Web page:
Clever bracing; goes all the way to the feet of the columns.

An Understanding of…

It was a revelation to understand that the ‘soffit’ is really a parallel ceiling - in a structural sense that is… so if ceiling/roof joists provide the ceiling and roof structure resting perpendicular to a ‘beam’ plane, so too should the soffit ‘on the same plane’ as the roof.

Alternatively, if one really has to work counter to the pattern that is the plane - then we’re talking about ‘another structure.’ 

This is the ‘logic’ of the piece - and it establishes how one would go about a project like this next time - that the ‘wall’ planes can be parallel and they share the same perpendicular ceiling structural members.

It also means that the box is broken indeed - because ‘structurally’ the elements are not box-like at all, but skeletal in fresh way… recognising the parallelism that is inherent in construction technique.

http://theartoftheroom.com/2014/05/rustic-urban-glamour-duncan-house/

Peter Stutchbury 1992. Israel House. Paradise Beach, NSW, Australia.

Pool House by TongTong studio.

http://tongtong.co/portfolio/pool-house

“We are all of us capable of doing harm to other people by simple treating them, or our transactions, as something machine-like.”

Christopher Alexander

Christopher Alexander: A Pattern Language

DIGGING

Between my finger and my thumb
The squat pen rests; snug as a gun.

Under my window, a clean rasping sound
When the spade sinks into gravelly ground:
My father, digging. I look down

Till his straining rump among the flowerbeds
Bends low, comes up twenty years away
Stooping in rhythm through potato drills
Where he was digging.

The coarse boot nestled on the lug, the shaft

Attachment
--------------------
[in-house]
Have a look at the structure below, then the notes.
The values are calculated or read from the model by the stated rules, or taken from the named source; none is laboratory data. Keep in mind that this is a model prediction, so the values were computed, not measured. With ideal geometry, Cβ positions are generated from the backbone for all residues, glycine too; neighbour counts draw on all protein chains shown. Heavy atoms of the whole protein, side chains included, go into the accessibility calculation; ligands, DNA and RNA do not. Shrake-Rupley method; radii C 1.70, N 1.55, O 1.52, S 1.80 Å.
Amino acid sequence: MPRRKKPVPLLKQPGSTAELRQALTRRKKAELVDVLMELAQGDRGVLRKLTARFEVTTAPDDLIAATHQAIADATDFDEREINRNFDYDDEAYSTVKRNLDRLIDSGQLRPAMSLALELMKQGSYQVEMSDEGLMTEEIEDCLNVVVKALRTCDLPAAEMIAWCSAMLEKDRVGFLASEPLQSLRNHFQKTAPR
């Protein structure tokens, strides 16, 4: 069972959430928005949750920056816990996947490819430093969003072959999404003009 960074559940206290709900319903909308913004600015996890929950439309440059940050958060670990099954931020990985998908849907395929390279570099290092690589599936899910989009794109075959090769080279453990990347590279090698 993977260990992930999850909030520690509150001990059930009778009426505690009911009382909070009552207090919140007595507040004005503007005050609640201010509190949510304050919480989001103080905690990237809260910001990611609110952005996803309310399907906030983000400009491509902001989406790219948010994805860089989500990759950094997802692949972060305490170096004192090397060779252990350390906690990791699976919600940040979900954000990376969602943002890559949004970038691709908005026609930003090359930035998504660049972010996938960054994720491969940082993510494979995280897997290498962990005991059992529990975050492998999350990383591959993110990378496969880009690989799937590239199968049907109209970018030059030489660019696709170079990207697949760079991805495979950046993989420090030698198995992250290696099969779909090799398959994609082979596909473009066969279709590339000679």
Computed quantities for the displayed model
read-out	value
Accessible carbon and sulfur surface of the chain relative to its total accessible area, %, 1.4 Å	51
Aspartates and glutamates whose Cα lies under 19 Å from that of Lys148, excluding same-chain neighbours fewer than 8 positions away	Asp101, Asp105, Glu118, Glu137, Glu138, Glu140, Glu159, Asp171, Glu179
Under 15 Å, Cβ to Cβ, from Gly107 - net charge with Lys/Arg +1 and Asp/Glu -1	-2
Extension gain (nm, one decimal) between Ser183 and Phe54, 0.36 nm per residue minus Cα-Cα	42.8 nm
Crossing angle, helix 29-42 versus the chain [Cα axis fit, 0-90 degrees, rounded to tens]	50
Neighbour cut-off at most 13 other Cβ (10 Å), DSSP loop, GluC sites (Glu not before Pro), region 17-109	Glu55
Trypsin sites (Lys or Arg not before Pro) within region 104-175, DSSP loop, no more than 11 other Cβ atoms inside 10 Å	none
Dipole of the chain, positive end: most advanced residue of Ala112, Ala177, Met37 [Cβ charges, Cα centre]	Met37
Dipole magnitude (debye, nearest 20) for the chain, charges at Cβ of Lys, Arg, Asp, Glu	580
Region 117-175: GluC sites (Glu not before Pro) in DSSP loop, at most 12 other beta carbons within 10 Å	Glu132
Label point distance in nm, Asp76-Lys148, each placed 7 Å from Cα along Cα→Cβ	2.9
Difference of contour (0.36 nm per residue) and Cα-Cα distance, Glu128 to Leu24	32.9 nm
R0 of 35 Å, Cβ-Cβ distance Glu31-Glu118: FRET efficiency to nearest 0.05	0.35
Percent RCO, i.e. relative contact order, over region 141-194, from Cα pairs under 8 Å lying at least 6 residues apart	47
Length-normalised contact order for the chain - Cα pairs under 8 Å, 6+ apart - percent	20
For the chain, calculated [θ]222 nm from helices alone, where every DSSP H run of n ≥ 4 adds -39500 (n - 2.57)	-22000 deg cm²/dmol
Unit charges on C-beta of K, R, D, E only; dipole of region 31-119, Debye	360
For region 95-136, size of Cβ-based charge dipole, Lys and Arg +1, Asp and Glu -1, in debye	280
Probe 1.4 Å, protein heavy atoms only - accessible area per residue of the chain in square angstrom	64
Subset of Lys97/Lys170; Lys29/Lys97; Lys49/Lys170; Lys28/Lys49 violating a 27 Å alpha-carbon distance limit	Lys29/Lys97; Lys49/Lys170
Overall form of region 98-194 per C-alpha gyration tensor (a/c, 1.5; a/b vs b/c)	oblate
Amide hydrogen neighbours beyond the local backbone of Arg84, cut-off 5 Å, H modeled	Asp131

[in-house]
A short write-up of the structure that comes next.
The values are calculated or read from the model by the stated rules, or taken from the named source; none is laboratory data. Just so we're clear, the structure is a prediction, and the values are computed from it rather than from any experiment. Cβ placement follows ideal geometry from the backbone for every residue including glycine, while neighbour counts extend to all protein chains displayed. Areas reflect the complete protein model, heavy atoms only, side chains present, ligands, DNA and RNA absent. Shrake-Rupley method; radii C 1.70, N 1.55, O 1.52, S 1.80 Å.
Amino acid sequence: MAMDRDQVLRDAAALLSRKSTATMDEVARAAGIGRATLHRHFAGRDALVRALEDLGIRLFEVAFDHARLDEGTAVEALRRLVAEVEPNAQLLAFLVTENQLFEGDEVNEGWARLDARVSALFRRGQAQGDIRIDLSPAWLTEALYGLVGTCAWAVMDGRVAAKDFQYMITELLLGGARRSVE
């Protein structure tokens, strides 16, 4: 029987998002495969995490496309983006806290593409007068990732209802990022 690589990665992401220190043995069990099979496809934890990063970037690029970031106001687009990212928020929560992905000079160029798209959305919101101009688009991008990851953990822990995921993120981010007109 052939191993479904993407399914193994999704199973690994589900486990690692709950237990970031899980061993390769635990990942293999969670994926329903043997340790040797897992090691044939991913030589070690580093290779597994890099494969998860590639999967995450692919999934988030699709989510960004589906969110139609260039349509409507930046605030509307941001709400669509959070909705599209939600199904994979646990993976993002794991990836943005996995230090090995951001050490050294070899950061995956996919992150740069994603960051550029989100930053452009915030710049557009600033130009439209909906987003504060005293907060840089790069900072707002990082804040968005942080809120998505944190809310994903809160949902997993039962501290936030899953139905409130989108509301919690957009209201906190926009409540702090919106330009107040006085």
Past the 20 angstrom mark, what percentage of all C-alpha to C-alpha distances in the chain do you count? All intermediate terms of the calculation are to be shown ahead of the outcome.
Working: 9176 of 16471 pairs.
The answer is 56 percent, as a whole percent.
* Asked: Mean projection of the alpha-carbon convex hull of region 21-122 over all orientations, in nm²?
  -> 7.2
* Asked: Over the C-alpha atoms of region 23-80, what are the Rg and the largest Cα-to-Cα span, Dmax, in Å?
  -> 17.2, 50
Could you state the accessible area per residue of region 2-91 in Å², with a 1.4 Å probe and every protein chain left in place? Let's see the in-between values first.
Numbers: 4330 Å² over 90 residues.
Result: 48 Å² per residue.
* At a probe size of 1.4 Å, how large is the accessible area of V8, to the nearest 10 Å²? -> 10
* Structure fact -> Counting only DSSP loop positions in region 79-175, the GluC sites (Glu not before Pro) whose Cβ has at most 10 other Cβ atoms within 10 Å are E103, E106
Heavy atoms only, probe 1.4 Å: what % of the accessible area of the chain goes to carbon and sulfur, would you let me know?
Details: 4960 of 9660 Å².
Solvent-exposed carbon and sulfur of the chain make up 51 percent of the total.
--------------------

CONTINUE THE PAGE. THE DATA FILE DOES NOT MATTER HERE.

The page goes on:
Against the inside knee was levered firmly.
He rooted out tall tops, buried the bright edge deep
To scatter new potatoes that we picked,
Loving their cool hardness in our hands.

By God, the old man could handle a spade.
Just like his old man.

My grandfather cut more turf in a day
Than any other man on Toner’s bog.
Once I carried him milk in a bottle
Corked sloppily with paper. He straightened up
To drink it, then fell to right away
Nicking and slicing neatly, heaving sods
Over his shoulder, going down and down
For the good turf. Digging.

The cold smell of potato mould, the squelch and slap
Of soggy peat, the curt cuts of an edge
Through living roots awaken in my head.
But I’ve no spade to follow men like them.

Between my finger and my thumb
The squat pen rests.
I’ll dig with it.

— Seamus Heaney

Gradual Stiffening as a Philosophy of Action

'A Pattern Language' can inspire on most pages, yet here I am struck by the beautiful simplicity of the maxim under pattern 208, that 'the process of gradual stiffening [in the building and selection of materials of a structure]… is the physical and procedural embodiment of this essential principle.' What principle is that? That 'details are fitted to the whole.'

Now this echoes all over the darkness of my mind - it could as easily provide a way to think about the curriculum, the fluidity and questioning that precedes the more detailed expository ‘stiffening’ of an idea. It could more or less embrace the ‘start with why’ model, which essentially ensures that our actions don’t spring from the trap of detail or secondary concerns, but represent the natural unfolding of a whole. There is freedom in this - a freedom of action that is profound, and I can begin now to understand the sense of gravity with which the writers of ‘A Pattern Language’ articulate their material.